§ MR. MUNRO FERGUSON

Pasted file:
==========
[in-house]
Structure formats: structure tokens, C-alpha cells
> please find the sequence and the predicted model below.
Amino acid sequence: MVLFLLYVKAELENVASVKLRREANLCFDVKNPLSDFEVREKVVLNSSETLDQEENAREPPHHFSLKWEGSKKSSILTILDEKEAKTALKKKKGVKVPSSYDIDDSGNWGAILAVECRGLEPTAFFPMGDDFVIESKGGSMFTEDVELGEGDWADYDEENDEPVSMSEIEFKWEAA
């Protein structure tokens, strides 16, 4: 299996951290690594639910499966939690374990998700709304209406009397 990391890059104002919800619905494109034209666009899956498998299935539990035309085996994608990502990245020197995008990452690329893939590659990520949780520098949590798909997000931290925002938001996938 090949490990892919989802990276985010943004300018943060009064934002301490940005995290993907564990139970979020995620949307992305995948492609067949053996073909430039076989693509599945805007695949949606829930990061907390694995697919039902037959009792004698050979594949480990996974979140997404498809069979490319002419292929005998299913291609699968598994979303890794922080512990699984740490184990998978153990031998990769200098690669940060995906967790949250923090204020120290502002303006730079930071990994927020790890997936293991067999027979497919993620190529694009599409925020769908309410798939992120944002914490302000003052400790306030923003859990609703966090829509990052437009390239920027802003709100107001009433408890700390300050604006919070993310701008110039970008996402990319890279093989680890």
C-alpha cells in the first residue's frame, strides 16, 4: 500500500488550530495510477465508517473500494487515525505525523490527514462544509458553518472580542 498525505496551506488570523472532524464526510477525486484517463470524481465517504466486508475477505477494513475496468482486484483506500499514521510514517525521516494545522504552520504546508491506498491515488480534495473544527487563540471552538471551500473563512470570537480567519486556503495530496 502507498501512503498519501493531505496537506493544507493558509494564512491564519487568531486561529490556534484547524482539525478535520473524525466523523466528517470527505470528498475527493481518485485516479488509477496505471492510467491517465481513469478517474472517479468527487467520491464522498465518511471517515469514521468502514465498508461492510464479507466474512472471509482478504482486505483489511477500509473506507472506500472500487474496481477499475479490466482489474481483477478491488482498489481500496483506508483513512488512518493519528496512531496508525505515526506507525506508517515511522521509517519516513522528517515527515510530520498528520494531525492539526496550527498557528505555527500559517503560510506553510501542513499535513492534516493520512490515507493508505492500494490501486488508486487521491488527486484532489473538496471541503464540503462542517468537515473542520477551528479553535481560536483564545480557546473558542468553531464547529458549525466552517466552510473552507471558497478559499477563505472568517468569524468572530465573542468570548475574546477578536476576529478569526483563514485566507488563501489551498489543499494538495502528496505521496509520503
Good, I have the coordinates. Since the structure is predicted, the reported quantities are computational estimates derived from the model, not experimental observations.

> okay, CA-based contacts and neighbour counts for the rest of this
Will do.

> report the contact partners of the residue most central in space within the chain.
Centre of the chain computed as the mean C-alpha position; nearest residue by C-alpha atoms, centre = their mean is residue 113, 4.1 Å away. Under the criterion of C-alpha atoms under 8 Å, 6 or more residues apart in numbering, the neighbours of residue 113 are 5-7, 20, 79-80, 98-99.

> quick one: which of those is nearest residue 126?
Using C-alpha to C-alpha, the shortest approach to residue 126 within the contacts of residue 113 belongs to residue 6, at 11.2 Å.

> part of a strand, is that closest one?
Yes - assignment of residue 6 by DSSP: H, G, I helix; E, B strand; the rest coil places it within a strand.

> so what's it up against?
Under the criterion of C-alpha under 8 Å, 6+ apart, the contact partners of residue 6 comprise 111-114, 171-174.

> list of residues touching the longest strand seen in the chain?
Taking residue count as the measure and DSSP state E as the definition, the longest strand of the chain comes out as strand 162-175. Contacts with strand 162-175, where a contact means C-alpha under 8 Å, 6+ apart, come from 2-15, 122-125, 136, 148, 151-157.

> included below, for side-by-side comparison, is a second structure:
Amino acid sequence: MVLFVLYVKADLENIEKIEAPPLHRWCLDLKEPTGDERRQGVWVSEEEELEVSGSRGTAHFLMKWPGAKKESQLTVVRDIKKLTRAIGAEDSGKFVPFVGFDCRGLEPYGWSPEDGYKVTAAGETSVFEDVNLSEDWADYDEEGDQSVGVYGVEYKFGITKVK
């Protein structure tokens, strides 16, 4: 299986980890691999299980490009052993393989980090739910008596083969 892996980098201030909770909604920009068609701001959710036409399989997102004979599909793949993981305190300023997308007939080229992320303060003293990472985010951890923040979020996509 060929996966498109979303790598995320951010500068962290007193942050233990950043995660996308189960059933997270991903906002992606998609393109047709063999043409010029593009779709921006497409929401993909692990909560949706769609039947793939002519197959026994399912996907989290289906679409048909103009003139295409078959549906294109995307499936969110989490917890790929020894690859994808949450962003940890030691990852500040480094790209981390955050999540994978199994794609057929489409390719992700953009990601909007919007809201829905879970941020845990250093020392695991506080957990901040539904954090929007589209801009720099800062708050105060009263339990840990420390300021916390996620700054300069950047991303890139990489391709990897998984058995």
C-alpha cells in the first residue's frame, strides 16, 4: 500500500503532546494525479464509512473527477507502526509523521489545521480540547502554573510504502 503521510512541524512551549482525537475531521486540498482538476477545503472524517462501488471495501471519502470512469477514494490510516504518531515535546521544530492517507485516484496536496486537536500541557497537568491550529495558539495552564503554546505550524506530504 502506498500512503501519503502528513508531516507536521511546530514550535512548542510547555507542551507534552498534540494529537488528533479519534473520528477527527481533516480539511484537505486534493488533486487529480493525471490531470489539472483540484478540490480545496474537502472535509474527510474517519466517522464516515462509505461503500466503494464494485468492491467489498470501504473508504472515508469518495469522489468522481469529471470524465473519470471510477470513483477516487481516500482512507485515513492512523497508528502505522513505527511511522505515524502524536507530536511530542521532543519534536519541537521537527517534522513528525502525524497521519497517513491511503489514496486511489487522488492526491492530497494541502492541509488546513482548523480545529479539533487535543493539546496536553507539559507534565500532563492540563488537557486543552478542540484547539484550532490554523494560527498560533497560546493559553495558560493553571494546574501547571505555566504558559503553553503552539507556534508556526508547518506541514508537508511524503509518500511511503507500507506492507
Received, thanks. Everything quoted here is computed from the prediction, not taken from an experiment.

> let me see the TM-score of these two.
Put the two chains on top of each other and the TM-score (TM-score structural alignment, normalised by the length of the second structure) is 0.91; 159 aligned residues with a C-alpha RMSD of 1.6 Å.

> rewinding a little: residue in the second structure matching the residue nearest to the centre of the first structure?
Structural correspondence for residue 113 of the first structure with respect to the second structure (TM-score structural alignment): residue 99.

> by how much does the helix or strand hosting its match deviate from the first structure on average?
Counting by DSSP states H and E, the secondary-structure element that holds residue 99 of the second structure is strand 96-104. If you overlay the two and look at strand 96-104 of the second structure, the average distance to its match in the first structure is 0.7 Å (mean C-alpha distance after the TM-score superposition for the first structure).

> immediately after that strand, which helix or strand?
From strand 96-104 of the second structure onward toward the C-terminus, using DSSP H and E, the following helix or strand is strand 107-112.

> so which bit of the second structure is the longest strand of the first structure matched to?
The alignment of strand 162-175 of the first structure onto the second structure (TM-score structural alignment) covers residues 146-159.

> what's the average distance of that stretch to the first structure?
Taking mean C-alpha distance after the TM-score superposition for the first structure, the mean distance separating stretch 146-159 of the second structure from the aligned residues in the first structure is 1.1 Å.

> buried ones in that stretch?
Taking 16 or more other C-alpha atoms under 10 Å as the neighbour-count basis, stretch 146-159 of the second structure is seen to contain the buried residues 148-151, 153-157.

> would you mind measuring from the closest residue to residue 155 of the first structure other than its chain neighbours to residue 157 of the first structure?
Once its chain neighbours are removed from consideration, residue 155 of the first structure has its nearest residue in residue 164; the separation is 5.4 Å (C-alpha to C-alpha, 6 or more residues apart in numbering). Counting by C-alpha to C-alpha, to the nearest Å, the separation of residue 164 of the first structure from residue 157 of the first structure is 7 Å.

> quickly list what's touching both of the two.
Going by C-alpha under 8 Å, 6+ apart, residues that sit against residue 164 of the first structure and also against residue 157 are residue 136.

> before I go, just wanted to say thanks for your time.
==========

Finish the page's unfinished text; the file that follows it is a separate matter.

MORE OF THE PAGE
said he had not assumed that 130,000 were unnecessary. He agreed with the hon. Gentleman opposite in supporting the addition which had been made to the South African garrison, because he believed that the troops were better placed there than they would be at home. On the other hand, it added £1,500,000 to the cost of the Army. The introduction of new railways would probably reduce the cost of living, and that would reduce the £1,500,000 also. He regretted very much that a proportion of this additional cost, amounting to £700,000 had been put on India without the Government of India having been consulted, and against their protests. He hoped that a halt would be called—after serious consideration between the War Office and the Indian Government—in imposing on India some of these doubtful forms of expenditure. As to the 925 point mentioned by the hon. Member opposite regarding the unreality of the devolution given to the Army Corps, he had had the same complaints made from all and sundry quarters. He saw the other day a statement that it would be three or four years yet before the new War Office premises were ready for occupation. If it were finished a good board-room might be set apart where a War Office Committee could sit and make proper arrangements for devolution, which had not yet been given, although promised, to the Army Corps commanders. He would be the last to suggest that the appointments to the higher posts in the Army had not been well disposed; but sufficient initiative had not been entrusted to the great men to whom these appointments had been given. Unless much greater initiative were granted to these officers economy would not be attained. Reference had been made to Salisbury and Aldershot. He believed that the policy pursued at Salisbury was likely to be a complete success, but he was very doubtful regarding Aldershot. The whole available ground for the exercise of the troops was being so much built upon that there would be little land loft on which to manœuvre large bodies of men, and the result would be that millions of money would have been spent in vain. He most earnestly repeated that devolution should be made real, and that the general officers in command in these great encampments should be entrusted with adequate authority to take the initiative. He should like to hear that an addition had been made to the staff of the Intelligence Department, and that the question of quick-firing guns had been properly dealt with. He looked with alarm on all the additional sources of expenditure mentioned by the right hon. Gentleman the Secretary for War.